rather employing rhetoric as a means to arouse resentment of the Crown.
To achieve these ends, he pioneered a style of political writing suited
to the democratic society he envisioned, with Common Sense
serving as a primary example. Part of Paine's work was to render
complex ideas intelligible to average readers of the day, with clear,
concise writing unlike the formal, learned style favored by many of
Paine's contemporaries.  

Common Sense was immensely popular, but how many people were converted to the cause of independence by the pamphlet is unknown.   Paine's arguments were rarely cited in public calls for independence, which suggests that Common Sense may have had a more limited impact on the public's thinking about independence than is sometimes believed.   The pamphlet probably had little direct influence on the Continental Congress's decision to issue a Declaration of Independence, since that body was more concerned with how declaring independence would affect the war effort.   Paine's great contribution was in initiating a public debate about independence, which had previously been rather muted.

Loyalists vigorously attacked Common Sense

2. In many ways Bloggers are the modern day Pamphleteers.

Our interests and work is as important to the United States of America remaining a truly free nation today and into the future as theirs and their work was in making the USA that way at the outset. For most Blogs all you need is a free email account any of the many providers and you too can have a voice in the debate. As many individual Blogs grow and become community Blogs or their own traffic becomes too much for the free providers to succesfully accomodate all the time, often there is a need to buy a domain name and web space to park the larger ones.

Unfortunately, the more popular a site becomes the more traffic they receive and the higher their costs to keep the lights on.

Often you will see them put up special donation buttons for various causes, like FDL leading the charge in healthcare reform, that are pretty important to us all or they may offer "premium no add" service options if you become a paying member of their communities, as dKos does. Here at ePM, we are not above hauling out our own version of an ask for various reasons:

Hauling out the Lemonade Stand

Periodically, we are forced to haul out the old Lemonade Stand.

While ePluribus Media strives to be self supporting with ads, we are
barely covering the server bill with our ad income. That leaves other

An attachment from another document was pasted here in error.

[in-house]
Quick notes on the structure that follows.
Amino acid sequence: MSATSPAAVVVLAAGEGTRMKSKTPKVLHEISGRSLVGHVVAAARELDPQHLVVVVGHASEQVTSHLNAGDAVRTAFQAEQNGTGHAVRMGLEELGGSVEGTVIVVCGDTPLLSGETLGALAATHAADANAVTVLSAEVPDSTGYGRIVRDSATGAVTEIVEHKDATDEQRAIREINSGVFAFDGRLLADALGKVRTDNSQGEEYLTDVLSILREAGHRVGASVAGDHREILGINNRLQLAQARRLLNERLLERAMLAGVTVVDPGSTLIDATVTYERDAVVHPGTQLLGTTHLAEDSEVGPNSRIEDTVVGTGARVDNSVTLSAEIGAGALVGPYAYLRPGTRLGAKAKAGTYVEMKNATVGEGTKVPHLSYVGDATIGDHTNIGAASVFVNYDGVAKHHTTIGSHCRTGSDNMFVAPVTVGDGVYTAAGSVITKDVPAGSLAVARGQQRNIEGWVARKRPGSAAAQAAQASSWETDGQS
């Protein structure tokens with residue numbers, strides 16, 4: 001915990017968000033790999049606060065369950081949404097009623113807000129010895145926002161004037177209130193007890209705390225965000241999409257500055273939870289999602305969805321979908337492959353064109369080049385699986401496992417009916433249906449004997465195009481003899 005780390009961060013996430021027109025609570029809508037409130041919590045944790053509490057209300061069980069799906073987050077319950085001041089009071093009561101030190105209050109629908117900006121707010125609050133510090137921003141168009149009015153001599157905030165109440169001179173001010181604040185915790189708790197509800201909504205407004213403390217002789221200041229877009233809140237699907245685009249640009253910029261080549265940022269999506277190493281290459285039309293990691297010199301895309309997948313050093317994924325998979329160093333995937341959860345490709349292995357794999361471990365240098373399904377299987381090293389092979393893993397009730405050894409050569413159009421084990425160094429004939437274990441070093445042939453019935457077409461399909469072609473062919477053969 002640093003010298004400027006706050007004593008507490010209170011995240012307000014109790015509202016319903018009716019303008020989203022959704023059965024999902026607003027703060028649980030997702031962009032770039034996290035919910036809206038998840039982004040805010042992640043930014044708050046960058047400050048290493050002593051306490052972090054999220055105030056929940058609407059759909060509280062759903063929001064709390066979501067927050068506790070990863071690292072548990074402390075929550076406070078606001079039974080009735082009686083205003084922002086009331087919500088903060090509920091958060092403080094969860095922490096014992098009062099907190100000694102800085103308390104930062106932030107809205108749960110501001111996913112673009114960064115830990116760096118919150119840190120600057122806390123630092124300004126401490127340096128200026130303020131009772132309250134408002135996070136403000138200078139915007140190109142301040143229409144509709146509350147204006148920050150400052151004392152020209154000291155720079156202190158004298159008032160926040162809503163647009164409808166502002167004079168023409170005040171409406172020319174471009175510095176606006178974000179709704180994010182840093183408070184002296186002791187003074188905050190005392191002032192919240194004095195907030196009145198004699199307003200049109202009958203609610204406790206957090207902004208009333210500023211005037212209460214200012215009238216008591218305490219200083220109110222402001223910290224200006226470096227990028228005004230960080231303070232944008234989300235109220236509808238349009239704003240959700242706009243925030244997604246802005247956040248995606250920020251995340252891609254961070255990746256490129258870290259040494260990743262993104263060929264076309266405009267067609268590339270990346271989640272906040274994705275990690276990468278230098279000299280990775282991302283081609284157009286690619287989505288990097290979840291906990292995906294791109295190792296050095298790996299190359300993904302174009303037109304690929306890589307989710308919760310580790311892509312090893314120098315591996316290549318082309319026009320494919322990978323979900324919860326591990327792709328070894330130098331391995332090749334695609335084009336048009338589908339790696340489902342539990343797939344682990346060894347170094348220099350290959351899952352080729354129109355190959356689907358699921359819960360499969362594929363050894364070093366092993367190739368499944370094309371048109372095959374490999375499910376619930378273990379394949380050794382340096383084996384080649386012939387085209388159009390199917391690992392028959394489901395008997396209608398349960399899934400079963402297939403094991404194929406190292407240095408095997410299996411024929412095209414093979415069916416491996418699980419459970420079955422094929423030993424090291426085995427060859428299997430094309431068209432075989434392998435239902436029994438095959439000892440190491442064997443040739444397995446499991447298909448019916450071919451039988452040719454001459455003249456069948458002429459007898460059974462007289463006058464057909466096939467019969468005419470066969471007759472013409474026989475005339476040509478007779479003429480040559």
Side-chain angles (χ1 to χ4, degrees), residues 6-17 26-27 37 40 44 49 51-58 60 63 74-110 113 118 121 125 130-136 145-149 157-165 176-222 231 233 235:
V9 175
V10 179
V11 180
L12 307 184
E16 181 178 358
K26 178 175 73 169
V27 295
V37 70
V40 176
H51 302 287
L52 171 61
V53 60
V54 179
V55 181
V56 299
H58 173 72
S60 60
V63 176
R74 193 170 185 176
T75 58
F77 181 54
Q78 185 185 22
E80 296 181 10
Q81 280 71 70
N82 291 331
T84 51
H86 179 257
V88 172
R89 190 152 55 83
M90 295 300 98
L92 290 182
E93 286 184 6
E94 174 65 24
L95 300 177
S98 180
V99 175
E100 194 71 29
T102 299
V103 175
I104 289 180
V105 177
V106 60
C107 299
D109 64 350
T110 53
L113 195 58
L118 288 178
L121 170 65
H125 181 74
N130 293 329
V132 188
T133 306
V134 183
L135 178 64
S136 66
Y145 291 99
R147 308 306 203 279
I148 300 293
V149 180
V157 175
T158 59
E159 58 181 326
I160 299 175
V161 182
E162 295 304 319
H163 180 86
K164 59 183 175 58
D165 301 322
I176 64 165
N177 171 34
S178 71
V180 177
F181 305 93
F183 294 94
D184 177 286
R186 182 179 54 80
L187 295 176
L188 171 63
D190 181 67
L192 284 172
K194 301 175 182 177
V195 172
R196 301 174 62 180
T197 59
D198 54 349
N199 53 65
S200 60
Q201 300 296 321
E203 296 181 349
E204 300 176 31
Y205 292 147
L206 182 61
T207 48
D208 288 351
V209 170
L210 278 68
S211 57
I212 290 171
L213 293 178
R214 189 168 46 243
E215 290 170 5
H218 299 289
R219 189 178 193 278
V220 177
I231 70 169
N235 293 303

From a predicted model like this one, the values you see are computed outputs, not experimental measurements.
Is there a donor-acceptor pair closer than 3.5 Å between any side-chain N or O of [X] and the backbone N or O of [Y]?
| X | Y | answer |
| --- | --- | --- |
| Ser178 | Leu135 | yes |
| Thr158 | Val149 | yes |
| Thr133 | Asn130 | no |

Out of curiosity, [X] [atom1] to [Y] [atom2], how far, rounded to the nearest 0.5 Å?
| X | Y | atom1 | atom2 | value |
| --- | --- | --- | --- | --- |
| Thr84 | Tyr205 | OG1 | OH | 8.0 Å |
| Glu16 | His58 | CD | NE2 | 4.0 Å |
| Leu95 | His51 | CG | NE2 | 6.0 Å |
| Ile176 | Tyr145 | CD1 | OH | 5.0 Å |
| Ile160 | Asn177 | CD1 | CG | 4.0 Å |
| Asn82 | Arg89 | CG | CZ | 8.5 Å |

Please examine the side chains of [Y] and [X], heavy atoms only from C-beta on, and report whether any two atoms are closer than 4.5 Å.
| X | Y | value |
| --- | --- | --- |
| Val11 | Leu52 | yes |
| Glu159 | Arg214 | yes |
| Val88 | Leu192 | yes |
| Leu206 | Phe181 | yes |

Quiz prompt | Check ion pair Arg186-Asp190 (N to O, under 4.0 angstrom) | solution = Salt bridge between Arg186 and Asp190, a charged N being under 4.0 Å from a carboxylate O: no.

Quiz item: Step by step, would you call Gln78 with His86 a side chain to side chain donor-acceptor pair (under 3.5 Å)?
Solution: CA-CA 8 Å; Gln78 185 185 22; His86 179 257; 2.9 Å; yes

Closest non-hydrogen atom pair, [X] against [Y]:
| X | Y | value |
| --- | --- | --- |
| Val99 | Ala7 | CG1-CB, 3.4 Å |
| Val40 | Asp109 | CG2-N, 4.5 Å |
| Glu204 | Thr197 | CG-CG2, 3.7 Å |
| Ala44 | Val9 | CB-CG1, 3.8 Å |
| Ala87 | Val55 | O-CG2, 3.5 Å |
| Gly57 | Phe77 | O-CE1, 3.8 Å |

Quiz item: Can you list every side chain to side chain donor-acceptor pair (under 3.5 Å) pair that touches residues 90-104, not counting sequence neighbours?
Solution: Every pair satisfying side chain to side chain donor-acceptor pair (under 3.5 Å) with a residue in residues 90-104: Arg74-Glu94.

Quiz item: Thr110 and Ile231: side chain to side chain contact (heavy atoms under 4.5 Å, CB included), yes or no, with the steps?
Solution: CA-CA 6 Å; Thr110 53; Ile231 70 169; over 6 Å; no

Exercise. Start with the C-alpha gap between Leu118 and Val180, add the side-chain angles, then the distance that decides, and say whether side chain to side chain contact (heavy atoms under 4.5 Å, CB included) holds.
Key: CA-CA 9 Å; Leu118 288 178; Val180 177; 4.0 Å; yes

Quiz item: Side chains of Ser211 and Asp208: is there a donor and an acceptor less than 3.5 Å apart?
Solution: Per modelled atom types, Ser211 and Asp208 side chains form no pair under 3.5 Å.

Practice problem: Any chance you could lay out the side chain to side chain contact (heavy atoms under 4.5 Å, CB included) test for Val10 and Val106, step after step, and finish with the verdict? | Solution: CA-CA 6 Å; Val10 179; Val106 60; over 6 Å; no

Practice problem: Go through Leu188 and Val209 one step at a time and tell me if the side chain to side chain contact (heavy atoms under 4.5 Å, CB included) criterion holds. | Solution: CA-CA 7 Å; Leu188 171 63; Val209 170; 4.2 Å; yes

expenses out of reach unless we can go to the community for support.

We need to raise some dollars for fees for FOIA requests, reprint
permissions, photos and graphics for our Journal stories.  In other
words, we need cash to keep the servers humming, the backups running,
and the lights on.



So if you can, donate ...

If you don't have funds, click on those blogad thingies.  Each click
gives us a few pennies and they do add up.  Our operating costs are
pretty low and currently every cent of donations goes to server rental, FOIA requests and other fees.  There is not one person involved in ePluribus Media who receives any money for services.

Whatever you do, thanks for all your support!

Usually, those who can help respond in their own interests of keeping the work going at any and all of the sites you may visit. Some of the Bloggers out there may be asking as a combination of keeping their site going and a direct source of income to allow them to continue to have the time to provide the information that they are producing. Whatever their reasons, it is in your best interests to keep as many of these sites up and running and doing what they do.

3. Building a New Media Synergy

This last two parts are things we can and should all work on together more in the future.

We have all known for a longtime that links are capital. The various communities out there have allowed some of the better Bloggers to find new readers and create a loyal readership at their sites that they otherwise may not have ever had. Many of us have recognized the value of a simple link and in turn have tried to use it is a weapon to our own and everybody else's advantage. Free and easy to use BUT still the most valuable thing we have we all have to give to any other Blogger or POV out there on the net that you want people to see. A simple link.